What a difference a threat makes

Rover’s German bosses look this week to have got what they wanted from the UK. By threatening to close Rover’s largest plant, BMW should now secure new working practices for Rover workers, get agreement for over 2,500 redundancies and receive a Government grant of at least £200m. In return, it will invest £1.6bn to overhaul […]

Rover’s German bosses look this week to have got what they wanted from the UK. By threatening to close Rover’s largest plant, BMW should now secure new working practices for Rover workers, get agreement for over 2,500 redundancies and receive a Government grant of at least £200m. In return, it will invest £1.6bn to overhaul Longbridge to build the new Mini and a replacement for the 200 and 400 models.

The threat first made in a carefully orchestrated speech by BMW chairman Bernd Pischetsrieder at the British Motor Show overshadowed the unveiling of the new Rover 75, built at a revitalised Cowley plant.

Pischetsrieder said Longbridge could close unless productivity is brought up to the level of BMW’s German plants. ‘The productivity gap, if you ignore wage costs, is 30% between Germany and Britain. That gap must go,’ he said.

Longbridge is Rover’s biggest plant, employing over 14,000 workers and manufacturing the 200, 400, Mini and MGF.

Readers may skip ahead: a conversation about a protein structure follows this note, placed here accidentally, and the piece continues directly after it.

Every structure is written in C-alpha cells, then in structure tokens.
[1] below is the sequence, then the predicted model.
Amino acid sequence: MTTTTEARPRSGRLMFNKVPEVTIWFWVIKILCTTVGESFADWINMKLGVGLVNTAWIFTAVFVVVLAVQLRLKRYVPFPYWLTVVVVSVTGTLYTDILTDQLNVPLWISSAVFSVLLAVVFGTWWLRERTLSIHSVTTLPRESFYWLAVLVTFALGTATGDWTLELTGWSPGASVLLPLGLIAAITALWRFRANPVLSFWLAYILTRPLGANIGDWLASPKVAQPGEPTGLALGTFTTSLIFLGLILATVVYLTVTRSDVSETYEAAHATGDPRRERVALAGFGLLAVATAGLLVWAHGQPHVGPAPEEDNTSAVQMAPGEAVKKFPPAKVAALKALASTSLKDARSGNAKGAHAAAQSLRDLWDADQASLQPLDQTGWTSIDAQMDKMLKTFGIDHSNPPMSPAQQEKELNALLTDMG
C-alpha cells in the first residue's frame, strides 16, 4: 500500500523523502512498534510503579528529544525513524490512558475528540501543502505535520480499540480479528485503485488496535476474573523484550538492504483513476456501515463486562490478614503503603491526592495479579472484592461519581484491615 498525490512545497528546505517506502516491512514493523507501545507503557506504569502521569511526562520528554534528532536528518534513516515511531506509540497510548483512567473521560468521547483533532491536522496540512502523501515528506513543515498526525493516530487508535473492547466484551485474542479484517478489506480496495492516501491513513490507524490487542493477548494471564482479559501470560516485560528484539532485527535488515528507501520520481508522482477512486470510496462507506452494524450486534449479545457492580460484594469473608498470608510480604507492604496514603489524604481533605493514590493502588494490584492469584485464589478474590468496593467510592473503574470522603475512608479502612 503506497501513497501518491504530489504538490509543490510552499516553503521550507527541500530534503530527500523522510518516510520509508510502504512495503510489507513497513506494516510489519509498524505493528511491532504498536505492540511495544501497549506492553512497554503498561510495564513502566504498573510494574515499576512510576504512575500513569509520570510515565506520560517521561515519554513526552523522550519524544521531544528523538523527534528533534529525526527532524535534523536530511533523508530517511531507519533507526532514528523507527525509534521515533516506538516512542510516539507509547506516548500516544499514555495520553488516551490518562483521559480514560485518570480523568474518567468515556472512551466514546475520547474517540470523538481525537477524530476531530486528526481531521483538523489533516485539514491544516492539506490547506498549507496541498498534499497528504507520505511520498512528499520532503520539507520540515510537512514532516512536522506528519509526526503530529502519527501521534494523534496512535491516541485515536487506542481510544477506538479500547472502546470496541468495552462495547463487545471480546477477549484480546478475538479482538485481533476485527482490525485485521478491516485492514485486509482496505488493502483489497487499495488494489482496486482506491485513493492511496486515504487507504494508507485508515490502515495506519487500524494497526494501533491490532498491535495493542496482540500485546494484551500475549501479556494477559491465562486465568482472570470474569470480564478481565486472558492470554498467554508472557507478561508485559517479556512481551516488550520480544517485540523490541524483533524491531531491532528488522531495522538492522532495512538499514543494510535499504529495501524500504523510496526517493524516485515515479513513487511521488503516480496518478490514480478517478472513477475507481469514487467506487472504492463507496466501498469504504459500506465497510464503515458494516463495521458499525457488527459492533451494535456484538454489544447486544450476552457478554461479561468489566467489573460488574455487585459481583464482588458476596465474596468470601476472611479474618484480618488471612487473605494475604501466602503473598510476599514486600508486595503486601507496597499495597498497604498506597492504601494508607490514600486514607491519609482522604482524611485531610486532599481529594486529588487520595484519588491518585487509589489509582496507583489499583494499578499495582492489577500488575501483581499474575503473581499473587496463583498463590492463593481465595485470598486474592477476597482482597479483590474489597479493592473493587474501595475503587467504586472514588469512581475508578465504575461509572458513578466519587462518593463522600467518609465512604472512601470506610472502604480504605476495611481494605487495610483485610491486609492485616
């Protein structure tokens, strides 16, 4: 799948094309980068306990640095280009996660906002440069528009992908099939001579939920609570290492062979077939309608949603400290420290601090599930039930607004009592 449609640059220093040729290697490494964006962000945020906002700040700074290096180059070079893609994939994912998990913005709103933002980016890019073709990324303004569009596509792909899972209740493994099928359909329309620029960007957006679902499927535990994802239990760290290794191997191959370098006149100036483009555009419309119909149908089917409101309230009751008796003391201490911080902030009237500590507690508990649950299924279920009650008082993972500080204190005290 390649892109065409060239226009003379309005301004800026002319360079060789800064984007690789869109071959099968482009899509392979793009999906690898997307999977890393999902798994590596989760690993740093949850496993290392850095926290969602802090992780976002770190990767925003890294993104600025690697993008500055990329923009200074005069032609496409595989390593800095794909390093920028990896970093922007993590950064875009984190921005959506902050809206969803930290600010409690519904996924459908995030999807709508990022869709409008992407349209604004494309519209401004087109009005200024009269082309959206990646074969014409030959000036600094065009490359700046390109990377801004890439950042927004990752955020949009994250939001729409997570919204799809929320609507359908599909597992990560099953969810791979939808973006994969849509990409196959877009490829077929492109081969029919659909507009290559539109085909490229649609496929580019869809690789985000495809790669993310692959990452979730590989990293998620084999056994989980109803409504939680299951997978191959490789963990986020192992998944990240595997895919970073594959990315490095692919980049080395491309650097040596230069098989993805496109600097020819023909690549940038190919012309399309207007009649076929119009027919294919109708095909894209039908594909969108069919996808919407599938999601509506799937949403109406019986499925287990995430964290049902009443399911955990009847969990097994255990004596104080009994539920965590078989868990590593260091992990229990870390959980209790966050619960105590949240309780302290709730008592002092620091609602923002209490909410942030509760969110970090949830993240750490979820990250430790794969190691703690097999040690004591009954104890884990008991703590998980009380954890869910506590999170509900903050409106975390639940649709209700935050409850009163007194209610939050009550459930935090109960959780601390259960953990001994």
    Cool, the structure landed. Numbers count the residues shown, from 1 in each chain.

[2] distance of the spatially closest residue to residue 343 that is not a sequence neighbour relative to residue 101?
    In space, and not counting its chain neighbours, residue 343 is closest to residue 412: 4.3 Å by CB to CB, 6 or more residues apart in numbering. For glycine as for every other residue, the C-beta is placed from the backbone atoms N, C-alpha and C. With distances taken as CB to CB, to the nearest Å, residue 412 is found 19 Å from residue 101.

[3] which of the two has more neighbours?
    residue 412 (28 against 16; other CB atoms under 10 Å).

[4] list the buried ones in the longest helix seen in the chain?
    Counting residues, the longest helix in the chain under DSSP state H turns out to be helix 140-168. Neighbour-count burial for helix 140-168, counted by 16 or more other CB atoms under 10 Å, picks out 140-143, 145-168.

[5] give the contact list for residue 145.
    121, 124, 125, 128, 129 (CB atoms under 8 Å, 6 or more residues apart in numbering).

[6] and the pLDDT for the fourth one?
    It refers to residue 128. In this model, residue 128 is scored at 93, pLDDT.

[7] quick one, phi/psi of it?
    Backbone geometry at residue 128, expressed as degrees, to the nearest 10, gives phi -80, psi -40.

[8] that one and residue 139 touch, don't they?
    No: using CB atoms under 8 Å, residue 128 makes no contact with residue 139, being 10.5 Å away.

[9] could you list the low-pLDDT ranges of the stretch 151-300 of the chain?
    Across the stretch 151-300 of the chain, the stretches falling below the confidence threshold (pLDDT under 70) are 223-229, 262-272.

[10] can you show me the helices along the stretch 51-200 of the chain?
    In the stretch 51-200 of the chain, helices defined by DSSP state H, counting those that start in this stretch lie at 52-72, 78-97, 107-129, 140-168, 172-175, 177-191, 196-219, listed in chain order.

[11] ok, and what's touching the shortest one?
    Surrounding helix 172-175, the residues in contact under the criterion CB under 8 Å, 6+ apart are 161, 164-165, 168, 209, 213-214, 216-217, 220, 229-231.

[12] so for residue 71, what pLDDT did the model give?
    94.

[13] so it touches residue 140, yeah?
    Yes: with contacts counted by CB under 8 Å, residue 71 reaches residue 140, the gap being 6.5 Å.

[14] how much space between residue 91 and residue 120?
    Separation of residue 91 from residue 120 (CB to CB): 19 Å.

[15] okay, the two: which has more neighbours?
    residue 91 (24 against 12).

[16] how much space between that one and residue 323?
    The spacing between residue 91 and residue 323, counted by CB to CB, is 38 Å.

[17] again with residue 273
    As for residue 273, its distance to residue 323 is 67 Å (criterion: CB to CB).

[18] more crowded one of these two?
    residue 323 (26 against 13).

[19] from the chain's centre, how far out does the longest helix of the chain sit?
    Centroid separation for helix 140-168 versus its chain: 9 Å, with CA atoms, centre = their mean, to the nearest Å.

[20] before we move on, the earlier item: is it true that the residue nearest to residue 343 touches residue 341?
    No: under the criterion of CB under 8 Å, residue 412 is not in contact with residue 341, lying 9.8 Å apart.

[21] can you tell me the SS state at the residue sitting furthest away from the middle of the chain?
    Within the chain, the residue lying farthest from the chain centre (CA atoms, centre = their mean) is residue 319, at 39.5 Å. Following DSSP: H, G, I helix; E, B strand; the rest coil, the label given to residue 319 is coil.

Rover chairman Dr Walter Hasselkus said: ‘The parameters under which we planned for Rover Group have changed. We are determined to take all necessary action to cut costs.’

For the past six weeks, union representatives for Rover workers and Rover and BMW management have been involved in talks.

Last week, union representatives even flew to Munich to broker a deal with BMW executives.

Finally, in a joint statement on Friday the two sides announced: ‘The Rover group and trade unions have reached an agreement in principal on key issues surrounding agreed cost savings and working time flexibility.’

This is subject to approval by all Rover staff, and to details being finalised and approved by the BMW board. The 39,000 Rover workers are this week being asked if they want to volunteer for redundancy or early retirement, which could lead to the required 2,500 job cuts by April.

Under the deal, the working week will be cut from 37 hours to 35, with a 2.7% pay rise from next November, but there will also be radical changes to working practices. This will mean workers ‘banking’ hours at busy times and taking time off during quieter periods, as in Germany.

The deal is aimed at saving £150m a year from the UK wage bill.

While BMW has resorted to strong-arm tactics, there is no denying that Rover has problems. Having paid £800m for the company five years ago, BMW has already invested £2.5bn for little return.

In October alone, Rover production fell by a third to 28,000 cars, from 42,000 cars a year ago. Sales also fell by 15%. One industry observer even suggests that Rover cranked up production in the first half so it could cut back at the time of the negotiations.

But for West Midlands-based suppliers and services companies, the conclusion of the talks the result of which was never seriously in question will be a relief.